Posted in #dystopia, drama, Playwrights Horizons, Robert O'Hara

Hopeful

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from cafepress.com

We often expect uplift from our theater experiences. Playwrights are not always willing to give us exactly what we want. In these dystopian times, they are responding with different messages for us to digest.

Scott Organ’s new play, The Thing With Feathers, at the Barrow Group beginning January 13th (and running through February 10th), offers up a famous quote about hope for the title of his mystery play. Expect the story to unravel in unexpected ways when an underage teen is seduced by an older man on the internet.

The unexpected happens in Mankind, a new play by Robert O’Hara (who also directs) at Playwrights Horizons from December 15th through January 18th. The world of this drama has mistreated women so badly that they no longer exist. The play stars two time Tony nominee André De Shields, along with Anson Mount, Bobby Moreno, Stephen Schnetzer, Ariel Shafir and David Ryan Smith. Playwrights Horizons commissioned O’Hara, who has won two Obie Awards–one for Bootycandy which also played at PH– and also directs his play, to create this provocative drama for the 2017-18 season.

You could say that the genesis of Rodgers and Hammerstein’s Carousel is a story about a young woman devoted to an explosive and abusive man. Michael Weller was inspired by the same Ferenc Molnár story to create Jericho, performed by The Attic Theater Company at Wild Project, from January 18th to February 10th. Weller’s version of Lilliom is set in Coney Island during the despair and hopelessness of the depression.

It often feels as if the ’60s were a more hope-filled era, this despite the assassinations that changed the landscape of hope. Malcolm X, a radical and polarizing figure, was one of the many strugglers we lost in those days. His activism is remembered in The Acting Company’s X: Or, Betty Shabazz v. The Nation, which returns after a staging in 2017, to a full off-Broadway run from January 14th to February 18th to the Theatre at St. Clement’s. Marcus Gardley’s play, starring Obie-winner Roslyn Ruff, will be performed to coincide with Black History Month.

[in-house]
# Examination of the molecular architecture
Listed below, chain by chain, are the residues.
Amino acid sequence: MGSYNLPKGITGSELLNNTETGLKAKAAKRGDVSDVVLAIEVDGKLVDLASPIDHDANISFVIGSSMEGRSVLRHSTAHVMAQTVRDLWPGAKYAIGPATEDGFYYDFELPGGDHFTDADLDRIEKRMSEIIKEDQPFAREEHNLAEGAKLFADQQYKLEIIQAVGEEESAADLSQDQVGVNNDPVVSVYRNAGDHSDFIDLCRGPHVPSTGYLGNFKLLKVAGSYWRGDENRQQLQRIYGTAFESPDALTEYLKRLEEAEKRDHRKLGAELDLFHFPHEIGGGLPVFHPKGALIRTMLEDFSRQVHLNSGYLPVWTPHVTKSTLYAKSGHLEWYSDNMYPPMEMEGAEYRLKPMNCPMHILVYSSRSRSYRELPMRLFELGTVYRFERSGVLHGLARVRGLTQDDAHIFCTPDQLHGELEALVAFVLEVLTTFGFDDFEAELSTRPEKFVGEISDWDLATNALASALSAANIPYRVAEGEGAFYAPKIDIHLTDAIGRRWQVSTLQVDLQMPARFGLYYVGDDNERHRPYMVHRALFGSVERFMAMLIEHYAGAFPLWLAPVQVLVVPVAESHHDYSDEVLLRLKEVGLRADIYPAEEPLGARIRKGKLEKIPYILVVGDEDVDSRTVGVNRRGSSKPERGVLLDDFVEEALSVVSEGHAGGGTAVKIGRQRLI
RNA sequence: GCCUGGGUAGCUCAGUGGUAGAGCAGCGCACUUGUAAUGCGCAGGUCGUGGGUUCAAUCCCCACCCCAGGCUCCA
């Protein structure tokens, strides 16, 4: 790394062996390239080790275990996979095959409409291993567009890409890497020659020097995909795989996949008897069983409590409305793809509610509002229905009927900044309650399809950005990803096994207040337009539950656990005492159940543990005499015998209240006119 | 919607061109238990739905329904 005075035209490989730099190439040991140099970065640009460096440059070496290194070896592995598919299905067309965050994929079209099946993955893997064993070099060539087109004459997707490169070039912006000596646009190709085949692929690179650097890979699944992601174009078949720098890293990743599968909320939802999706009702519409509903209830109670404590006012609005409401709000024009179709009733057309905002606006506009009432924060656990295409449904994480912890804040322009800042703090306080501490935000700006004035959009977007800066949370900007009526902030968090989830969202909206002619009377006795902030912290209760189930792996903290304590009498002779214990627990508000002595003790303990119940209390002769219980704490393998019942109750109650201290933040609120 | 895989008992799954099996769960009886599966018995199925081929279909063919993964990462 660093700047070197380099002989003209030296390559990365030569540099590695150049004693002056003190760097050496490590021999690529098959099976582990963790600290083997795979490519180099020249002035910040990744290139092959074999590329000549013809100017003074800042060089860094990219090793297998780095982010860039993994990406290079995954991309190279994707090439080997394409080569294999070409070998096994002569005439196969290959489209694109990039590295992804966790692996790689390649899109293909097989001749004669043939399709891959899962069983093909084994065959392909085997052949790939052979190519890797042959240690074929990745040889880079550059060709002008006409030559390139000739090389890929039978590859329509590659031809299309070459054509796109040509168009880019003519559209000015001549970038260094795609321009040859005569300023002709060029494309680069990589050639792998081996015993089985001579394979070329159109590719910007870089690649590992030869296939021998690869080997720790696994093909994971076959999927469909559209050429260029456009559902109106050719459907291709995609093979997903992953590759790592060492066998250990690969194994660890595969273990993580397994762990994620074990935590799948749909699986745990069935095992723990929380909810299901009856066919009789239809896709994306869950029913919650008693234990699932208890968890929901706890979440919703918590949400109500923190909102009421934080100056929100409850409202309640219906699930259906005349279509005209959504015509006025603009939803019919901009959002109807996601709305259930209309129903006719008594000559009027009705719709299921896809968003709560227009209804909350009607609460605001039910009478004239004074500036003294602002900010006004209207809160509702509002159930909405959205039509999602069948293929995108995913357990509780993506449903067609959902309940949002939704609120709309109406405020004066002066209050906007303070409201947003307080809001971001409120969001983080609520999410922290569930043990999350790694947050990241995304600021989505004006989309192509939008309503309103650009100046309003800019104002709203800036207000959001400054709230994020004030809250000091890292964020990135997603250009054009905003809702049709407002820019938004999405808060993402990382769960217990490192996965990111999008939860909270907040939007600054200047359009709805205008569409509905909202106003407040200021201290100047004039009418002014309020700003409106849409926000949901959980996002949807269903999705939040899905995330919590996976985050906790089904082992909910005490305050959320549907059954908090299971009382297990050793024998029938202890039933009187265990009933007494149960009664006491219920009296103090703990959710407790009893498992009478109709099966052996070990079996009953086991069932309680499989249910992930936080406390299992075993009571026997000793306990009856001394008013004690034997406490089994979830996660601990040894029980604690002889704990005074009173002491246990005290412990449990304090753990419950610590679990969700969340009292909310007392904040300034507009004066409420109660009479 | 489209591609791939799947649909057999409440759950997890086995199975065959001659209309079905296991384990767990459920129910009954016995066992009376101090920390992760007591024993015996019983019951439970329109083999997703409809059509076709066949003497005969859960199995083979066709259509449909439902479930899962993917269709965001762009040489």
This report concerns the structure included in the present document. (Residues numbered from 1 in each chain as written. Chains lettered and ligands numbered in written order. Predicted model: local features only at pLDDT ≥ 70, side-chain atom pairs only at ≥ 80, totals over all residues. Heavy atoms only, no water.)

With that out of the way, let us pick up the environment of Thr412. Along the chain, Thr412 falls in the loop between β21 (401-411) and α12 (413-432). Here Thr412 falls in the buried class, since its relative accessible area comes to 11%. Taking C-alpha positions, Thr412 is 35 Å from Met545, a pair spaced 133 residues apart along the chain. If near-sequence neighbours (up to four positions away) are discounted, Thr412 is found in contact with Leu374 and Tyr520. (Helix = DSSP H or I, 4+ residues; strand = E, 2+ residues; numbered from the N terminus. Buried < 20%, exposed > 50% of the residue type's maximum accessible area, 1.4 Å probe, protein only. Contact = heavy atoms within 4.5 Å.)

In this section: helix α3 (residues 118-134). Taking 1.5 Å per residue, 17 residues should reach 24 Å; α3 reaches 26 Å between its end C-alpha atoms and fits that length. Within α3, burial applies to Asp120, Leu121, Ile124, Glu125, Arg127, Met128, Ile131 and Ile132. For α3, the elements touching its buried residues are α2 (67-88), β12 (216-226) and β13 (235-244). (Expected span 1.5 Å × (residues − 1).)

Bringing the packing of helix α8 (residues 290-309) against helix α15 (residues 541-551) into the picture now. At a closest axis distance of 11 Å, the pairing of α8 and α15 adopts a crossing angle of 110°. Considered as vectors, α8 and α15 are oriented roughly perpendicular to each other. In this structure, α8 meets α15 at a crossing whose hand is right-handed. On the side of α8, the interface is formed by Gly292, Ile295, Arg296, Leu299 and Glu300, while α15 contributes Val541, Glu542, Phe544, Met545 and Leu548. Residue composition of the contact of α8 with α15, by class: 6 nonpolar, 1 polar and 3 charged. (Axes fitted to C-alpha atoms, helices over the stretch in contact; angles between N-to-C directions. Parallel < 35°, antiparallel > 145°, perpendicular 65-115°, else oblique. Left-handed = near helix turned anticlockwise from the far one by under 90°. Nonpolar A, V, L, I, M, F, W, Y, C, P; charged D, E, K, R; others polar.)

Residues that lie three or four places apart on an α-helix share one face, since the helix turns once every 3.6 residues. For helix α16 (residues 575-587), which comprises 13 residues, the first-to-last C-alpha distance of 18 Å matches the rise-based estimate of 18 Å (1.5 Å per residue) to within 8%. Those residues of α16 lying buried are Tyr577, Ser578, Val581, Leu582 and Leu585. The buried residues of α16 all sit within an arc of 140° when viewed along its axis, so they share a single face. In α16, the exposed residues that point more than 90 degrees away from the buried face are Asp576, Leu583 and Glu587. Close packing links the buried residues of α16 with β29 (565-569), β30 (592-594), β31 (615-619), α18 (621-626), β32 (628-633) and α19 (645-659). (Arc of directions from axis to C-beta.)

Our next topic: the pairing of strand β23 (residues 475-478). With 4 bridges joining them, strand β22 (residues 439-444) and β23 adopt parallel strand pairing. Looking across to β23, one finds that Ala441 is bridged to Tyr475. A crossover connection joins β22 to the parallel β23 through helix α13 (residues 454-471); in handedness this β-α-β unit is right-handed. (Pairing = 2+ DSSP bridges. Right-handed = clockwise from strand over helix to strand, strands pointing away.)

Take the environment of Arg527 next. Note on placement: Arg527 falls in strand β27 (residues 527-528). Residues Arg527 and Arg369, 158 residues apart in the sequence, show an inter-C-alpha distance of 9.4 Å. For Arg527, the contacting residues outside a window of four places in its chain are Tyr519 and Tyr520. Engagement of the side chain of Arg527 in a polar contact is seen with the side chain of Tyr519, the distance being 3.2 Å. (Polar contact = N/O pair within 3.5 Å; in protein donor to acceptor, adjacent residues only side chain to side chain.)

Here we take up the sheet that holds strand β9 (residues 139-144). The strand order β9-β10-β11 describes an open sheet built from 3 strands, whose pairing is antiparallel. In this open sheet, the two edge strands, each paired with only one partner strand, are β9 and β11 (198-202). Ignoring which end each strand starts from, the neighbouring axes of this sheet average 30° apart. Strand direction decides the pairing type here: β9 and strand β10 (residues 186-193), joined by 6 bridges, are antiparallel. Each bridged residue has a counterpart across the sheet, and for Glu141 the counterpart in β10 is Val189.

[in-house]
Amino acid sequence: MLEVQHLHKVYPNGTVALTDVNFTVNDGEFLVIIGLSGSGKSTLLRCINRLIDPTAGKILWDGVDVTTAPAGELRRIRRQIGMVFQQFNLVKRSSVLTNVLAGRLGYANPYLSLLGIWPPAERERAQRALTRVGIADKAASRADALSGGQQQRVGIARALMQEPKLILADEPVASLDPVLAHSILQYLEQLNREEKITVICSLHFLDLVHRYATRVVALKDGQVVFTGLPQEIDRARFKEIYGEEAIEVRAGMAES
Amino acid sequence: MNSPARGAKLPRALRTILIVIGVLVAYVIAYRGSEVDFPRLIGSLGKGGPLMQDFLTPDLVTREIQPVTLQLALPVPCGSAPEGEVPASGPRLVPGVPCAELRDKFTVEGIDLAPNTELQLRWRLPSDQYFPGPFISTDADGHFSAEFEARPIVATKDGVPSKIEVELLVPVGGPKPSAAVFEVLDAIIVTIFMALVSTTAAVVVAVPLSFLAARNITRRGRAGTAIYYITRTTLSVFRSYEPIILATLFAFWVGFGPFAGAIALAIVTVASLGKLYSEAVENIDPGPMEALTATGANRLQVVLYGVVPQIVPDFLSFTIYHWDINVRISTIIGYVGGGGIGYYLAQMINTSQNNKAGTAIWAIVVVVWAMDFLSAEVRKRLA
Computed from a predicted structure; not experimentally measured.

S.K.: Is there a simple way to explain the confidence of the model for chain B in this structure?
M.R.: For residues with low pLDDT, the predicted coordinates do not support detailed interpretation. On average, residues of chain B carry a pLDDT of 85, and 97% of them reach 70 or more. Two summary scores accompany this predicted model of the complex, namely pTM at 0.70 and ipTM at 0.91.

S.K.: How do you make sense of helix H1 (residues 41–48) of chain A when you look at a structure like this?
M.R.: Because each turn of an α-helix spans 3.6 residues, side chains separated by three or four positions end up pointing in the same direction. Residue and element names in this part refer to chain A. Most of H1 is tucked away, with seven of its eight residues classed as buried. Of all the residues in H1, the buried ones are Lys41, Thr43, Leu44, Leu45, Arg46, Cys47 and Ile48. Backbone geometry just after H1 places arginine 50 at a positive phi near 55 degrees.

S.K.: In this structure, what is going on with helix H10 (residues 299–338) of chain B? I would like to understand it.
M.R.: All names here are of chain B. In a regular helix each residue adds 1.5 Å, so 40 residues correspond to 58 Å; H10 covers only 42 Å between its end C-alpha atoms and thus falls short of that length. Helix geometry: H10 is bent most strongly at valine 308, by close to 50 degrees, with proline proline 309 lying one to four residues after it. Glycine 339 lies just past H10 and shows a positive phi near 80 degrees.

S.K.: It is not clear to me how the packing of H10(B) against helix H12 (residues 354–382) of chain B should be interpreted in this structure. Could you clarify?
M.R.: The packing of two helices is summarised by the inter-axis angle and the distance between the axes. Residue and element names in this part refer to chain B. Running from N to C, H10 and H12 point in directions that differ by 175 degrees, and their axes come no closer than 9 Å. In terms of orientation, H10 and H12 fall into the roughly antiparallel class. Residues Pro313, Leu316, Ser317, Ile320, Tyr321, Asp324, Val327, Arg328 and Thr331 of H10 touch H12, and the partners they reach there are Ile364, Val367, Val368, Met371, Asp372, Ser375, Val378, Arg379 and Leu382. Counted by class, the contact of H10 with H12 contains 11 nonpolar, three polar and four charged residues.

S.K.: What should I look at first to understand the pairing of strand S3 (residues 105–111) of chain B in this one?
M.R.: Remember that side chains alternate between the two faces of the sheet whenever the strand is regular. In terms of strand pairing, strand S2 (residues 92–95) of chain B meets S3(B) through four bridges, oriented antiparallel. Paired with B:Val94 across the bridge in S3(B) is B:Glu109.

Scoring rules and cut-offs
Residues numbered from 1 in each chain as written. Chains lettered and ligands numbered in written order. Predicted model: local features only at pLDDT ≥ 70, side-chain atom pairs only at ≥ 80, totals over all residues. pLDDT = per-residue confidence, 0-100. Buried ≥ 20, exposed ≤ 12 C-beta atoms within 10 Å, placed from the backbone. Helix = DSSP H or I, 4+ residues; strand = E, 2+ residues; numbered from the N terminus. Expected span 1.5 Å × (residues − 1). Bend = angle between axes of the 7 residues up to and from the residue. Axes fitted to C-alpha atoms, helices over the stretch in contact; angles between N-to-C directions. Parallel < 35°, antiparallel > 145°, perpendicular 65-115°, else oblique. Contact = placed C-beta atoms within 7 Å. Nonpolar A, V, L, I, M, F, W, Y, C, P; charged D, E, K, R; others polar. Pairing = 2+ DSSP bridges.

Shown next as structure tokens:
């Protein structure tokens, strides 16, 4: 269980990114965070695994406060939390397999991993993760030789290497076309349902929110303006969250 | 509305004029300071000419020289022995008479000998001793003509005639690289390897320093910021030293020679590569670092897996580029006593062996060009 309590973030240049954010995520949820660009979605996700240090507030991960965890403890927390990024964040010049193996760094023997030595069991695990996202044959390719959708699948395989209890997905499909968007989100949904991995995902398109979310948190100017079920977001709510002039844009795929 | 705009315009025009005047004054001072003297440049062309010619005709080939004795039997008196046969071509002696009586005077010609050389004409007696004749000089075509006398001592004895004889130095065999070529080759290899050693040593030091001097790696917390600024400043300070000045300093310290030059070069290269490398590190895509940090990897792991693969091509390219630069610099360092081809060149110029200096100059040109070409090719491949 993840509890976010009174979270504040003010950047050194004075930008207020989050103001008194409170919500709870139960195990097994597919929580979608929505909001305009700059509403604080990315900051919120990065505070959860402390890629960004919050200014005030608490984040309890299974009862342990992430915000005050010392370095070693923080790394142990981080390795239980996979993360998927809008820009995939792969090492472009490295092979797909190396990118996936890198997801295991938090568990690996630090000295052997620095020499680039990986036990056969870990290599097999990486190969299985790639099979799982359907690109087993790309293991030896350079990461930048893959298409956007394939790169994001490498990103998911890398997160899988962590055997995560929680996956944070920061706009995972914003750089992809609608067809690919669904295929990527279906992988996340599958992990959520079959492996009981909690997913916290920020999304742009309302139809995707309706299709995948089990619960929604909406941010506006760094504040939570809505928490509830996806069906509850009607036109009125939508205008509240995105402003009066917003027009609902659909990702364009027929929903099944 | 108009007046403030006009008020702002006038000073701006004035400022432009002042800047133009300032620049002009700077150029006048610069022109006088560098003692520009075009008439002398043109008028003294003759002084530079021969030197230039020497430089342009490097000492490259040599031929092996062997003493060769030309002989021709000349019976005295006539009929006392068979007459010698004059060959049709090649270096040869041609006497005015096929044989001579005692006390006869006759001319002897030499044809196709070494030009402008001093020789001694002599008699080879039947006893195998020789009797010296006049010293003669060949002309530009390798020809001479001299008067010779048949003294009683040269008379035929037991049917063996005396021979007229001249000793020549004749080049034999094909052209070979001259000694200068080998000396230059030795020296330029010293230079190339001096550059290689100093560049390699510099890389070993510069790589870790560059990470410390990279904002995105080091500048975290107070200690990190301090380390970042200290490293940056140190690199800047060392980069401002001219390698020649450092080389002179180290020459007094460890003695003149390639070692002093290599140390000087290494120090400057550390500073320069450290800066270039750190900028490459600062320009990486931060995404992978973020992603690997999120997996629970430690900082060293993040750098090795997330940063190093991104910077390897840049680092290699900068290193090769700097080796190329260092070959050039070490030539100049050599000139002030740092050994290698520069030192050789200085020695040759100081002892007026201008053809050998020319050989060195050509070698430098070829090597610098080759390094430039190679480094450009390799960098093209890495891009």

Posted in drama, historical musical drama, moving musical drama, Musical drama, musical theater, musical theatre, political drama, theater

Hot tickets

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It’s hard to pinpoint just what makes a “hot ticket;” it could be a star turn, or 11 Tonys or just the quirky charm of the story. Whatever it is,  you might want to share it with friends or family this holiday season.

HD_KeyIn mid-January when the Divine Miss M cedes the role of Dolly Gallagher Levi to the sterling Miss Bernadette Peters, tickets for this Broadway revival might become a tad more accessible. This in no way disparages Bernadette Peters’ enormous talent and wattage. Bette Midler just has a star shine all her own. A je ne sais quoi, let’s say, that sends tickets to see her in Hello, Dolly!! into the stratosphere. (Regular price tickets ranging from $189 may still be found at Telecharge, so check on availability, but there are premium seats for nearly $1000 and “secondary market” tickets for a lot more.)

 

Hamilton0044rR Daveed Diggs, Okieriete Onaodowan, Anthony Ramos, and Lin-Manuel Miranda in Hamilton
Daveed Diggs, Okieriete Onaodowan, Anthony Ramos, and Lin-Manuel Miranda in Hamilton Photo © Joan Marcus

Hamilton, Lin-Manuel Miranda’s American history lesson enthralls. It’s still at the Richard Rodgers on West 46th Street, and it’s on tour across the country. It may be its impressive Tony showing that is part of the draw. Lottery tickets go for just $10 per, but, like any lottery, it’s a gamble. Speaking of gambles, the Hamilton website warns against buying from resellers to avoid receiving fraudulent tickets, so use the regular channels for purchasing this sizzling ticket. In fact these tickets are so blistering hot that it might be next December before the family enjoys the show.

Another and different kind of civics lesson can be found at The Band’s Visit. This musical was created from the Cannes prize-winning Israeli film; you can watch the movie on Showtime cable on Wednesday 12/13 and Tuesday 12/19 at 7:30pm, by the way.